The visible hand in economics

Archive for November 2007

So we won’t know whether the Warehouse is going to be sold until the High Court releases the details surrounding its ruling and the Commerce Commission decides whether to appeal.  Ultimately I hope the decision to allow a sale had something to do with the halo effect ;).

Something that did catch my eye is Steven Tindall’s claim that he will act with integrity when selling his shares.  For the life of me I don’t know what the hell he’s talking about.  My guess is that he is going to pretend to sell to the the bidder who offers to keep the community spirit of the Warehouse going.  Although to be fair to the man, he is strongly involved in charity, and I’m sure he’ll keep a stake in the company he spent so long creating.

Can anyone tell me what they think Mr Tindell’s integrity will involve, and do you think this ‘integrity’ will have a price?

The last 6 weeks have shown the New Zealand economy to be tight – but not to tight. Unemployment has fallen to a record low (3.5%), but at the same time the participation rate has fallen and employment growth has fallen to its lowest rate in a few years. Income growth was strong, but not out of control.

The QSBO indicated that capacity utilisation is still high, but not as high as it has been. Consumption imports are rising, but merchant stocks are high and retail sales growth is moderate at best, although off a high level.

House price growth is strong, but slowing. House sales are falling, but the average number of days to sell property remain short, implying that there is little pressure on highly leveraged home owners to sell property.

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Today on the bus the bus driver stopped to tell school kids to stand up. This happens on occasion, and generally the adults on the bus act like they think it is a complete joke. You can here comments like ‘this is ridiculous’ and ‘the bus driver just wants to feel important’ from adults/civil servants lounging around, but ultimately I think the bus drivers understand what is going on better than the group of civil servants on the bus.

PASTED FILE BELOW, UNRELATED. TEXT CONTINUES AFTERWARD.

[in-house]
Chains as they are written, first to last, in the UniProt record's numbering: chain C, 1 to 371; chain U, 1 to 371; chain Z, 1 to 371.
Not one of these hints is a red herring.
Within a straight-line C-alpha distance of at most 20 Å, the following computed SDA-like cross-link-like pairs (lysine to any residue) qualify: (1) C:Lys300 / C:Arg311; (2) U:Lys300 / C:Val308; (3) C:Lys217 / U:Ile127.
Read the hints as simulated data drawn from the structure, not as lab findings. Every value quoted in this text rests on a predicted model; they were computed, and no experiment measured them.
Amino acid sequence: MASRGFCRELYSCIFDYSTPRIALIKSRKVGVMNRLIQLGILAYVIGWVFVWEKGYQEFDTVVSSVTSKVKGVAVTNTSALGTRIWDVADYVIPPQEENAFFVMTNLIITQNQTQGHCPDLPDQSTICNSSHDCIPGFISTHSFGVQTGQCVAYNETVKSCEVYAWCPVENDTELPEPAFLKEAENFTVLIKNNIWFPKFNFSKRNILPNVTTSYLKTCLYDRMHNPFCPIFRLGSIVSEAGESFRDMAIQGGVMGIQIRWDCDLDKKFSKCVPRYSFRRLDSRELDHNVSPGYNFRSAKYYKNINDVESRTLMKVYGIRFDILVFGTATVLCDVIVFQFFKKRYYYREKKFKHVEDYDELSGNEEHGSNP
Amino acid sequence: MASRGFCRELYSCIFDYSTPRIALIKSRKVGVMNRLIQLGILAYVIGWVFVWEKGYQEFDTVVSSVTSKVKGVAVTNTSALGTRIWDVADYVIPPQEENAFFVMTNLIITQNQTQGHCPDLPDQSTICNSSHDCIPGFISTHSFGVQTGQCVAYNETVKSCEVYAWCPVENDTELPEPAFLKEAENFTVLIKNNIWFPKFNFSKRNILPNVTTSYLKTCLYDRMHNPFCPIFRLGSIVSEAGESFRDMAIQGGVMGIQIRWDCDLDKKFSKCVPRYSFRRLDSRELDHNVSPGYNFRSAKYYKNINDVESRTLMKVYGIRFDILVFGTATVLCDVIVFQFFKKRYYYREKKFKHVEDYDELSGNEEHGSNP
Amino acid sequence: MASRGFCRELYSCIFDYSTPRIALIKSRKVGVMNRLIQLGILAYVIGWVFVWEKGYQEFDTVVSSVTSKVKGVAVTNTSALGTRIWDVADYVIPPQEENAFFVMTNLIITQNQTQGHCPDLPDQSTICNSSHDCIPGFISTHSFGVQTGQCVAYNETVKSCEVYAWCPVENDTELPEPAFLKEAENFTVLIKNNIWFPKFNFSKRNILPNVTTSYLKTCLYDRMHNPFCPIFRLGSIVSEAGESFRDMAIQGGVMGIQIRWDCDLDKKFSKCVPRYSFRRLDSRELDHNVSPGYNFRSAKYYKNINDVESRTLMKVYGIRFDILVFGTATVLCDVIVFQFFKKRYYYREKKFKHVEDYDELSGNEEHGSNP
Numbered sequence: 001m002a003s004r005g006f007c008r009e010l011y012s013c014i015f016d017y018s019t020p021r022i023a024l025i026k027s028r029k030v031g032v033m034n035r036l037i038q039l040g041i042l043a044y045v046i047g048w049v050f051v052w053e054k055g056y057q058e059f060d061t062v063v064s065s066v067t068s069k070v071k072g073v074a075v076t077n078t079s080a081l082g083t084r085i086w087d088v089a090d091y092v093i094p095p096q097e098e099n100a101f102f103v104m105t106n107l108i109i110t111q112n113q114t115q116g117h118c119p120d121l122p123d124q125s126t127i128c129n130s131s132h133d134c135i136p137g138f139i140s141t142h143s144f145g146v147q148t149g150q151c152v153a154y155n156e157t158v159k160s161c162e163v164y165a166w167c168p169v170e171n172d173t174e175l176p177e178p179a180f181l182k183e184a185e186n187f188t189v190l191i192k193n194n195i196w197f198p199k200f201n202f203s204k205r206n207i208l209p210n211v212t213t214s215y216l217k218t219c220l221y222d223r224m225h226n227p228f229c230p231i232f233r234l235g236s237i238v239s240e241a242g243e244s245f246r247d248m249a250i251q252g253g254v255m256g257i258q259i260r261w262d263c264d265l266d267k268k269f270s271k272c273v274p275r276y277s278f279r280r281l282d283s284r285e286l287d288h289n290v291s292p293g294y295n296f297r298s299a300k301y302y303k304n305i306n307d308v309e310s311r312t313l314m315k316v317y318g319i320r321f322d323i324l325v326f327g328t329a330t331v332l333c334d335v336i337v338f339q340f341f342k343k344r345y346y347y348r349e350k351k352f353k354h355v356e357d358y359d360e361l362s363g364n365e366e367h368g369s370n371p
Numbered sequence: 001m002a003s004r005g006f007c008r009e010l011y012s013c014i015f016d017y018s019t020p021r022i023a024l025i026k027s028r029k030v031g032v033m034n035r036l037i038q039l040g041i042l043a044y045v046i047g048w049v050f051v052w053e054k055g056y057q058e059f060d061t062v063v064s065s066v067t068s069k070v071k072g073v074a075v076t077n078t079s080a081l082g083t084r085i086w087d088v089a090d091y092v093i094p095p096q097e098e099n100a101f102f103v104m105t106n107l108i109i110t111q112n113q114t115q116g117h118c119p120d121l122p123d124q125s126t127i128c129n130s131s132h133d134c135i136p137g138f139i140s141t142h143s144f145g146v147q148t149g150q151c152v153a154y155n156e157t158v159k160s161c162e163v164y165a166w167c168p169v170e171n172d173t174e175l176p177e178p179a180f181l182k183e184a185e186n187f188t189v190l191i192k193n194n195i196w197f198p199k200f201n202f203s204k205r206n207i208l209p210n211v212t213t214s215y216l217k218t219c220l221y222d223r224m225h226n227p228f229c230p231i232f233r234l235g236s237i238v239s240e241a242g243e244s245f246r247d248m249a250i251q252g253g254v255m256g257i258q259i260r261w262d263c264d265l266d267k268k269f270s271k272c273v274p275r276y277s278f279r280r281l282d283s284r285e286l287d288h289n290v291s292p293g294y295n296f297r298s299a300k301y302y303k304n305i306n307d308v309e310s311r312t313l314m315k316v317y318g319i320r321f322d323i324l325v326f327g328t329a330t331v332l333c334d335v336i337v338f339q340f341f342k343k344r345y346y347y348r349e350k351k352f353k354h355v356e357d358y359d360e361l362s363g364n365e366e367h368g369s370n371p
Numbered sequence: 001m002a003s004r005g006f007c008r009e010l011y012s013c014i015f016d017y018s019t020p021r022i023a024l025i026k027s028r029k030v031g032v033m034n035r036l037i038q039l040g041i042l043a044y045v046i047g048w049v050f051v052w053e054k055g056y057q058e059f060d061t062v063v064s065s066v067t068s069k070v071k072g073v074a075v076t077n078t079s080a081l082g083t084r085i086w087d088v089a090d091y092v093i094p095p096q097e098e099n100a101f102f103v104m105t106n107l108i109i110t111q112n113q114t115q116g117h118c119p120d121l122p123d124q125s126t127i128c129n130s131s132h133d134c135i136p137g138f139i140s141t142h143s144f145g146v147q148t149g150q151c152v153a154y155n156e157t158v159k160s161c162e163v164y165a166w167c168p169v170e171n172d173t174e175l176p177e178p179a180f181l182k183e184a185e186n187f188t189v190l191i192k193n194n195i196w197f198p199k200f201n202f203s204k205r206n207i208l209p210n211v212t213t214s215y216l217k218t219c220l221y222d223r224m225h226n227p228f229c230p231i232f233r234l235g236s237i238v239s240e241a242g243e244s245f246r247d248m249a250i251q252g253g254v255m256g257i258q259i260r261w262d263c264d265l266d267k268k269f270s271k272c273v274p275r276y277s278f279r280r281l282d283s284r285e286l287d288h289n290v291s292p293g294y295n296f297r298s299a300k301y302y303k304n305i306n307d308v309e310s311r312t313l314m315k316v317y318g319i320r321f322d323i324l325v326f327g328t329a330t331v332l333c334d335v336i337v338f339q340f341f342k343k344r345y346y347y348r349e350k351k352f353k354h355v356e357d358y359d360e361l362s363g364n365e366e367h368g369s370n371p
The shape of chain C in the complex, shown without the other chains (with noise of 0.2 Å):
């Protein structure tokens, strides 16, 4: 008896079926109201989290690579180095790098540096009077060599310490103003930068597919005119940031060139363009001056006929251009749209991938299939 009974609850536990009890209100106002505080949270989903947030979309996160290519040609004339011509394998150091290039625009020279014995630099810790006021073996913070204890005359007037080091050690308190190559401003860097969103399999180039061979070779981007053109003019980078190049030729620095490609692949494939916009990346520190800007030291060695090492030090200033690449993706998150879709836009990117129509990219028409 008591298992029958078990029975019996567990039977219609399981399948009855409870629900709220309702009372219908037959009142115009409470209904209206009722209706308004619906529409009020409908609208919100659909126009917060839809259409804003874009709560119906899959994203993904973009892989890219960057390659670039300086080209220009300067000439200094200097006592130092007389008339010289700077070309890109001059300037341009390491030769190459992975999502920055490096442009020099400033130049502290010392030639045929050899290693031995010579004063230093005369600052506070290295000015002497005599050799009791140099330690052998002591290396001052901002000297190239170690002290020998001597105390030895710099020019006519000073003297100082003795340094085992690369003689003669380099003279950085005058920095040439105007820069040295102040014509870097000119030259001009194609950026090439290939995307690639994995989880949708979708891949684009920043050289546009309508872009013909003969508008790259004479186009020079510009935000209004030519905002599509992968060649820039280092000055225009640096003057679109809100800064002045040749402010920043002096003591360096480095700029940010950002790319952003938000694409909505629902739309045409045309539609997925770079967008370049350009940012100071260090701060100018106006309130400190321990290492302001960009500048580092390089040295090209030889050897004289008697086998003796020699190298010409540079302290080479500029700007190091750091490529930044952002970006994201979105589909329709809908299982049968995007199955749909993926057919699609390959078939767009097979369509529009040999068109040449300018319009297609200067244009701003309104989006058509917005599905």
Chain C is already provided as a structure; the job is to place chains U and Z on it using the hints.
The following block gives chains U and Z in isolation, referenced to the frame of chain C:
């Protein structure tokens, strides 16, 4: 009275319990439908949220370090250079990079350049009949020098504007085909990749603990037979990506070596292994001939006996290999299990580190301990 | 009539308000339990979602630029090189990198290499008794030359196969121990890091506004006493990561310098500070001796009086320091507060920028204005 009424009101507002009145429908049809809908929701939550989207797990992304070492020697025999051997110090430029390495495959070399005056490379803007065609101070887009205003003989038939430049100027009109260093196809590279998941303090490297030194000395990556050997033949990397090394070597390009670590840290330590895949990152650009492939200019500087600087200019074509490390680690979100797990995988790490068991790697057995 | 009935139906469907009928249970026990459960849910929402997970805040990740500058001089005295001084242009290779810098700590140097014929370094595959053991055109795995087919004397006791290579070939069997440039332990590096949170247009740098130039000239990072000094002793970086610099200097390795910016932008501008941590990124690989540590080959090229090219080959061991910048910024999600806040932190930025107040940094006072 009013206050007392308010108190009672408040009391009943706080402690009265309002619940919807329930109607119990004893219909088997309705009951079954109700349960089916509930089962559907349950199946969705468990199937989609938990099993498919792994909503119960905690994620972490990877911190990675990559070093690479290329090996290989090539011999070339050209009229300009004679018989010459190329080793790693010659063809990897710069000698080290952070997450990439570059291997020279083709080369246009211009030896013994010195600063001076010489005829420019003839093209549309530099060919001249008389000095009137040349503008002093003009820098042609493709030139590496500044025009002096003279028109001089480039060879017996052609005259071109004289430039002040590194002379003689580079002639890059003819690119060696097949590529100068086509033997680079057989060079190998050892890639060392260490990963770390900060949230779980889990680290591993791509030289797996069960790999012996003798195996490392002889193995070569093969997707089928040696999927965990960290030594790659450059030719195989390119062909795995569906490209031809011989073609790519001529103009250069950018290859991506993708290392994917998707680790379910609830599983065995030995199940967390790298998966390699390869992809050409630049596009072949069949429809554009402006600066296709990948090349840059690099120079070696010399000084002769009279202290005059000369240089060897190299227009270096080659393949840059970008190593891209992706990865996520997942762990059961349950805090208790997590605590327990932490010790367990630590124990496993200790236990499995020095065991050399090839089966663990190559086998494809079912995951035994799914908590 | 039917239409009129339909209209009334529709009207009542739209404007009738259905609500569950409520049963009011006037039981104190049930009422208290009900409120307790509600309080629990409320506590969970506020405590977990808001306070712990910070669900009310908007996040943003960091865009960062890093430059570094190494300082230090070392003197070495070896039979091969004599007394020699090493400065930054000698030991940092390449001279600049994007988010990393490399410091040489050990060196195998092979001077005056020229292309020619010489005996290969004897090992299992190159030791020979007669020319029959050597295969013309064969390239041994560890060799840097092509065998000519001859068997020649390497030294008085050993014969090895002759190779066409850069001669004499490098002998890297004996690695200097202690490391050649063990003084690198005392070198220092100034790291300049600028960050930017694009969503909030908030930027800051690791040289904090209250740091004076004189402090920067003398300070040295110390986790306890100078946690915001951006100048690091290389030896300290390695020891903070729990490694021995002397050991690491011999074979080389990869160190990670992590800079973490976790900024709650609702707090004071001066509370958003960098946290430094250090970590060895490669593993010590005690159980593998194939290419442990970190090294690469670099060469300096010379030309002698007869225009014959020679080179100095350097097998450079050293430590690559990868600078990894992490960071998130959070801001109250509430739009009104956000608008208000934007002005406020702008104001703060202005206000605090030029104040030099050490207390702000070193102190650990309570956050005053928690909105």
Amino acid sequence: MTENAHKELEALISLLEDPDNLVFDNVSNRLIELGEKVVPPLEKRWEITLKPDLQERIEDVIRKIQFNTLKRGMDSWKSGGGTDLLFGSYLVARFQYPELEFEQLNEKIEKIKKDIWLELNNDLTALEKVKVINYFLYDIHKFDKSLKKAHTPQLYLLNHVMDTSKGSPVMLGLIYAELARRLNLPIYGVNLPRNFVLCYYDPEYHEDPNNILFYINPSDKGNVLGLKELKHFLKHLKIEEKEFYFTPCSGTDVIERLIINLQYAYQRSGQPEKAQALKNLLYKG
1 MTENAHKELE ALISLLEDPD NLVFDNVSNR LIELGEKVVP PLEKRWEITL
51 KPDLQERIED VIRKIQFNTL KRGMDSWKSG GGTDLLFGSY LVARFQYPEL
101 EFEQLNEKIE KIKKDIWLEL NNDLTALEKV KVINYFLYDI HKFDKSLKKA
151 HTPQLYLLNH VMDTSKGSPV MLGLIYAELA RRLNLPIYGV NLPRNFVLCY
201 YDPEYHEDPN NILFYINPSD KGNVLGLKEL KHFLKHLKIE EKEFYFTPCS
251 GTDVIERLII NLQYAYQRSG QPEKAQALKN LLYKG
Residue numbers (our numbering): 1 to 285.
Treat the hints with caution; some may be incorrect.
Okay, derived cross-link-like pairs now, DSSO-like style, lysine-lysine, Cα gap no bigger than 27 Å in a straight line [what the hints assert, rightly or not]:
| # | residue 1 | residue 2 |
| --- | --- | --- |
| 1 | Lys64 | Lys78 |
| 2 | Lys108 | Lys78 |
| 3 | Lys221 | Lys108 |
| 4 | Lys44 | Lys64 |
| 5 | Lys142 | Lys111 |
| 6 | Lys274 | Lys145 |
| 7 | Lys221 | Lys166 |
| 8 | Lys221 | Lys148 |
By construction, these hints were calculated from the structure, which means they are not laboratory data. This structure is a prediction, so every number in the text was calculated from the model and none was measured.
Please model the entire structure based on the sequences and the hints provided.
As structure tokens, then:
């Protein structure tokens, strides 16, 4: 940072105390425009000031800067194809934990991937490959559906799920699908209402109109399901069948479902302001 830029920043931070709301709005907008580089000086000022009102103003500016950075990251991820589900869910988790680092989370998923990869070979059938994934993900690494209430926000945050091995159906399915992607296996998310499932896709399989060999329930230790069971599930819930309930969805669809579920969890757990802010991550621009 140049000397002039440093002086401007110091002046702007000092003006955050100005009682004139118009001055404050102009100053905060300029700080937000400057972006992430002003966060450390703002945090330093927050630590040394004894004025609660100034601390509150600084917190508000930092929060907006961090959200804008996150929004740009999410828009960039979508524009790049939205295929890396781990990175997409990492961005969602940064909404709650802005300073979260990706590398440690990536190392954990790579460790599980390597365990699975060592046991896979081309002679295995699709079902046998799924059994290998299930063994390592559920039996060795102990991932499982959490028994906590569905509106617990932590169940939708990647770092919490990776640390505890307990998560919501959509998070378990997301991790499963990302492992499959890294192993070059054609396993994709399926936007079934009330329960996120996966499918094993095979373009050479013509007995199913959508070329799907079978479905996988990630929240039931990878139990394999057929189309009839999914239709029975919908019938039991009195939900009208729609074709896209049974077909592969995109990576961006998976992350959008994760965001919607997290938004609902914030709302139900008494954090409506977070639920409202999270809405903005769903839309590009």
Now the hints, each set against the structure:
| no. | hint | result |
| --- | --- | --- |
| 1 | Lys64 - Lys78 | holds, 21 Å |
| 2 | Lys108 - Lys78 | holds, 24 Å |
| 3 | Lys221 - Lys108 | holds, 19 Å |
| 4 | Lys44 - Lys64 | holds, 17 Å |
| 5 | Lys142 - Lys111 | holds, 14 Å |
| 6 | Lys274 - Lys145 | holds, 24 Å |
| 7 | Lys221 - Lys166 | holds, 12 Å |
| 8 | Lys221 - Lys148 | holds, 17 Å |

Bus drivers are like the government, they are given a certain welfare policy that has to be followed on their bus. Although conditions such as standing up to let frail older people sit down are solved internally in the ‘marketplace’ of the bus, the condition of having all adults sitting while children stand is often violated. Now don’t get me wrong, I’m not saying that the rule is right, ultimately in social welfare terms I think there is no difference between me standing or some 14 year old boy is standing, but this is the rule that the bus driver has to enforce.

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The flexible working hours bill aims to increase the degree of ‘flexibility‘ in the labour market for households with a child under the age of 5 or a disabled child under the age of 18. Now I’ve heard all sorts of complaints and complements about this bill, so I’ll try to talk about the way I see it.

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In the comments Kimble had a great point “long term estimates of the level of the dollar can be heavily influenced by the current level”. Although this may seem like economists being myopic, it has more to do with our extremely limited understanding of how the exchange rate works.

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What do we have here, the Fed has lowered growth and inflation forecasts, Freddie Mac (a US based mortgage finance company – think subprime mortgages) suffered record losses, Citibank and Bank of America struggle with credit concerns, and the MIT real estate center recorded a fall in commercial property prices (and the first fall in commercial property values since 2003). On the back of this, the Fed feels the decision to cut rates again is on a knife-edge, with market sentiment pointing to a fall.

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In a previous post we discussed the Halo effect, and how the Warehouse was trying to claim it was their own idea. Since then, the Halo effect has taken on special importance as Woolworths Ltd (Aus) and Foodstuffs decided to appeal the Commerce Commission’s decision to refuse to let one of these firms buy the Warehouse.

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